Due to restrictions of the virtualization solution we use (VMware vSphere), which is primarily aimed for high performance server virtualization, where sound outputs are pretty useless, there’s no built in audio output on the Mac stacks.
This doesn’t cause any issue in most cases, but some projects or tools might actually require an audio output. For example QuickTime refuses to play any video when there’s no audio output of any kind.
The solution is fortunately pretty simple, you can simply add a virtual audio output device if you need it. There are a few options to do this, probably the easiest is to install
soundflower, which is a tool used for manipulating / piping audio between different tools, and it installs and uses a virtual (actually two) audio output to achieve the functionality.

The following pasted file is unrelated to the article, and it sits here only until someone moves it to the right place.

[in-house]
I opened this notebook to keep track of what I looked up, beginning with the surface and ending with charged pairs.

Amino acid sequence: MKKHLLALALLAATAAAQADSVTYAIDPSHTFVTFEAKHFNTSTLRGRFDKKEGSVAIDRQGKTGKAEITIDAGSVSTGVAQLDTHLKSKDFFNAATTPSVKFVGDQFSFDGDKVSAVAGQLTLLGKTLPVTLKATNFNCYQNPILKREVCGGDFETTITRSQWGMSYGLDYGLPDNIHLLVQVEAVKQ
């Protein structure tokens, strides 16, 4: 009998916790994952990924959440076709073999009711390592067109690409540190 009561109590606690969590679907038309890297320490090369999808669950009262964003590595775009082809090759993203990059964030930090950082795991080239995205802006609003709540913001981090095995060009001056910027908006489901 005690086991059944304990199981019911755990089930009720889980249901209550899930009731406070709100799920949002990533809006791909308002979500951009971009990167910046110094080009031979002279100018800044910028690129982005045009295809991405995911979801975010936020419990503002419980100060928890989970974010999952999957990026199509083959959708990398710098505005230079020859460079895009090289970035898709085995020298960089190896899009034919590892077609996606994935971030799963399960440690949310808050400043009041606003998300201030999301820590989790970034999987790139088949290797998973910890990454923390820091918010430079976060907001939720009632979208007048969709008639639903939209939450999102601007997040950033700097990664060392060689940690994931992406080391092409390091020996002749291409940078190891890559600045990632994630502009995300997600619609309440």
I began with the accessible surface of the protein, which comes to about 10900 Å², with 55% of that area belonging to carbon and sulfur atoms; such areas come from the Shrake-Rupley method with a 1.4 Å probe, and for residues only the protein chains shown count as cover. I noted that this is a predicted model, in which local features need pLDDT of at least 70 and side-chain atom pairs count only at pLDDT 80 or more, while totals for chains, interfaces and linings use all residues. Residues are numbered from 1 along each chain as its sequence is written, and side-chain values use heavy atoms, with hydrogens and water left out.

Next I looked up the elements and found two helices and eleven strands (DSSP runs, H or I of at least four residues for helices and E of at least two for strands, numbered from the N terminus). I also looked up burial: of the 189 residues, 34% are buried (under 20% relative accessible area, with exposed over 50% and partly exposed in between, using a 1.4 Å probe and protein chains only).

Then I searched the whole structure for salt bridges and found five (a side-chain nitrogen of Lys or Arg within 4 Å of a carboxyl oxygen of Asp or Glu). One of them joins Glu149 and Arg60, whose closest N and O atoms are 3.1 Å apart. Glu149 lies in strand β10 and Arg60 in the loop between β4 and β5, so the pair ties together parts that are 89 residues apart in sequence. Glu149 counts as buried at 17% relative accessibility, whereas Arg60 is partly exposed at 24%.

As the virtual audio drivers are installed as part of the
soundflower installation, all you have to do is add a Script step to your workflow, any point before you’d use the audio output (can be the very first step of the workflow), with the following content:
#!/bin/bash set -ex brew install Caskroom/cask/soundflower
That’s all. When
soundflower it’ll also install two virtual audio devices, and macOS will recognize these as normal audio output (and input) devices.